State of mind - It's advantageous to observe our own state of mind and if you're getting stressed ask 'who's in charge here? Do I want to feel and act this way? Or is the chimp taking over? 'which pathway am I going down?' Or in some cases, rather than a chimp it's a silver-backed gorilla! If I can only see one answer to a situation, I'm most probably working in chimp mode. Do I want to be? 

Our emotional part of our brain is more potent than our logical side, so observing and asking questions early on is key to managing ourselves more effectively in challenging stressful situations, such as powerful dynamic surf.  

Example:  In a dynamic beach surf environment, your chimps job is to protect you, so listening and changing venues may be the best action. Or choosing to stay and stretch that comfort zone appropriately and easing your chimps concerns, allowing the logical self to gain control again. This may mean, doing a 15-20 minute stretching session, some side surfing in the soup, choosing an area with a small set of waves or getting on, out through the surf and working outback.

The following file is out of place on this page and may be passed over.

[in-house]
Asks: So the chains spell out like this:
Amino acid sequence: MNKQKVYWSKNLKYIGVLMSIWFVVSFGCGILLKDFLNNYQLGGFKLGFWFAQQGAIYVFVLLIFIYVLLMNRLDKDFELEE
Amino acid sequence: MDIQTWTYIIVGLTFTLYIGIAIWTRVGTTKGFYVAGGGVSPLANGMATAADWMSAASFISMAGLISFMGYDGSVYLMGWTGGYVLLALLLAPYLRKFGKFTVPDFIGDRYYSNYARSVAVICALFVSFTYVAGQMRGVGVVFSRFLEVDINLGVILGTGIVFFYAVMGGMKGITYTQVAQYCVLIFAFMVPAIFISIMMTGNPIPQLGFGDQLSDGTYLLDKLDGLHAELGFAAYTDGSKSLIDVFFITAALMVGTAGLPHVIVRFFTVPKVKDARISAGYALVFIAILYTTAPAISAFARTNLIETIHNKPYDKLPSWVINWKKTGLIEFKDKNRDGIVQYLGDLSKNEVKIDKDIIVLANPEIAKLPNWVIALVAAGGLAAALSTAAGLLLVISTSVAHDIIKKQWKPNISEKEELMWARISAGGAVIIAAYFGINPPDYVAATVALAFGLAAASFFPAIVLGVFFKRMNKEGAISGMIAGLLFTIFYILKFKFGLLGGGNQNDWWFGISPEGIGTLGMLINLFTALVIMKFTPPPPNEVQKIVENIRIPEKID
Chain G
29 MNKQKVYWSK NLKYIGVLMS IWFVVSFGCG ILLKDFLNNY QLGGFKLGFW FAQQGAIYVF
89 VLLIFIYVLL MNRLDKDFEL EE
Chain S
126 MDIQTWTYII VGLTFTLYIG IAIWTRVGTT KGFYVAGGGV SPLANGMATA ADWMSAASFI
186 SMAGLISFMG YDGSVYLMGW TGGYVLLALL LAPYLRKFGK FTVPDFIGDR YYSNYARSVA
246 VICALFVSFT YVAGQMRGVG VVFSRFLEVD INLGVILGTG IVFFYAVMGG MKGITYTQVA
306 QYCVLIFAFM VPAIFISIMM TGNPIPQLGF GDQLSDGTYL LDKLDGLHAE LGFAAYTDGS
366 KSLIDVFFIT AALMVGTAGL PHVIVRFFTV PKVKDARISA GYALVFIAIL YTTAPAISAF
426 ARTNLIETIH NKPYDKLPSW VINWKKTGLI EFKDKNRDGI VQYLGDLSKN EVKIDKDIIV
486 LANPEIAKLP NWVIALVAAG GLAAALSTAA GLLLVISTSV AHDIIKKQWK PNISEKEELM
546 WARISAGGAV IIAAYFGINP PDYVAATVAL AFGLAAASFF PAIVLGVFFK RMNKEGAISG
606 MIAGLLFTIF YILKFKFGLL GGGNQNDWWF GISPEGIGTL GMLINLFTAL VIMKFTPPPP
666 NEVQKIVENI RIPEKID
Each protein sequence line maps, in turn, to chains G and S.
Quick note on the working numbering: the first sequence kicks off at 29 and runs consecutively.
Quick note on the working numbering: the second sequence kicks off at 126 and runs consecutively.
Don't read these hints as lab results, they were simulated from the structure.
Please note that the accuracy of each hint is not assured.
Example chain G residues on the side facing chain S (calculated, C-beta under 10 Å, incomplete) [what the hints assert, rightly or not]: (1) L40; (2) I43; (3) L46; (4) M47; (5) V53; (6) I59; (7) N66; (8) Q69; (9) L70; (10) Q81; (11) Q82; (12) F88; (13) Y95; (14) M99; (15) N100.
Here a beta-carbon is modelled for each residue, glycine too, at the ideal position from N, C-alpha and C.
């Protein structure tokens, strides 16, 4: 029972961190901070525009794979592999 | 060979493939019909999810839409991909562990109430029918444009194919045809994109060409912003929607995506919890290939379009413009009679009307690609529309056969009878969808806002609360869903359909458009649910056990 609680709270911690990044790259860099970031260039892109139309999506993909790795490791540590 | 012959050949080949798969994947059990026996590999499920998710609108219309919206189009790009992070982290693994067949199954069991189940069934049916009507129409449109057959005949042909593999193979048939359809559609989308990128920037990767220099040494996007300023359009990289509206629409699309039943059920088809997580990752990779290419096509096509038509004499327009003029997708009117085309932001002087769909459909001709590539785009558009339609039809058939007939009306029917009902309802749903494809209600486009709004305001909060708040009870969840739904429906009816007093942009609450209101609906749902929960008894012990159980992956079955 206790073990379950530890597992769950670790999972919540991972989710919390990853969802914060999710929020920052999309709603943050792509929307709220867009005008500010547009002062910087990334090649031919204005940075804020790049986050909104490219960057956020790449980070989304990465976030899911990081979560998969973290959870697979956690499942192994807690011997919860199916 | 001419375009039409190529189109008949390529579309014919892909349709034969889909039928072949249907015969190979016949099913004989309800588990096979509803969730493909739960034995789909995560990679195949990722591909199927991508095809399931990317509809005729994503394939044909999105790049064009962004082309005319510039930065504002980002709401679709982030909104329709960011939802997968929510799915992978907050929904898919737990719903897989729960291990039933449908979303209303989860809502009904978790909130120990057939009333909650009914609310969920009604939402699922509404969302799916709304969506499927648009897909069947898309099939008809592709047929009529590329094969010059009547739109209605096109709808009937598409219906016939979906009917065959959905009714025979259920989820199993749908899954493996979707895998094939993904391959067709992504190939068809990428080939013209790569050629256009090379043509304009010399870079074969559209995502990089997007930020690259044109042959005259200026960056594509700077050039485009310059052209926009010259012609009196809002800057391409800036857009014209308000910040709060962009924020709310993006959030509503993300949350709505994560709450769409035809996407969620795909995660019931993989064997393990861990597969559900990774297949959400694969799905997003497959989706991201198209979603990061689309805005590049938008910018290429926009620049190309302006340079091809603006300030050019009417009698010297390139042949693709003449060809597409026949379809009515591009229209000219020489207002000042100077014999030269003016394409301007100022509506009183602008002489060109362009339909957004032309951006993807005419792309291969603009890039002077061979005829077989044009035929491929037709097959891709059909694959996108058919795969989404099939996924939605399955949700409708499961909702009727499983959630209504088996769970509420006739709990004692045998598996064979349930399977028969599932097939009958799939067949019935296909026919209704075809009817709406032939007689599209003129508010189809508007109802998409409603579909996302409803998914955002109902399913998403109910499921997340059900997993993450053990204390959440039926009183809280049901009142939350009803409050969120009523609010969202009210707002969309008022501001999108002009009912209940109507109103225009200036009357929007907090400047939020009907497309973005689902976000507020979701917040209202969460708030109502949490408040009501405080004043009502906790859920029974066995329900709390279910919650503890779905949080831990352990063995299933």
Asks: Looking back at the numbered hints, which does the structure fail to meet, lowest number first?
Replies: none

At the end of the day

Rather than getting too tired, missing that roll and taking a swim, which then likely supports your Chimps primary concern. Pacing yourself, managing your capacity, so you finish wanting more, Is the key. Ask your self two questions. 1) how much more mental capacity do I have left? How much more physical ability do you have left? And measure with a percentage mark.  

Feedback and individual chats tend to happen as they arise on a course when it's real and in your mind. Each weekend ends with a group discussion and reflections so that each person has a more precise direction on what's required to progress towards their own chosen goal.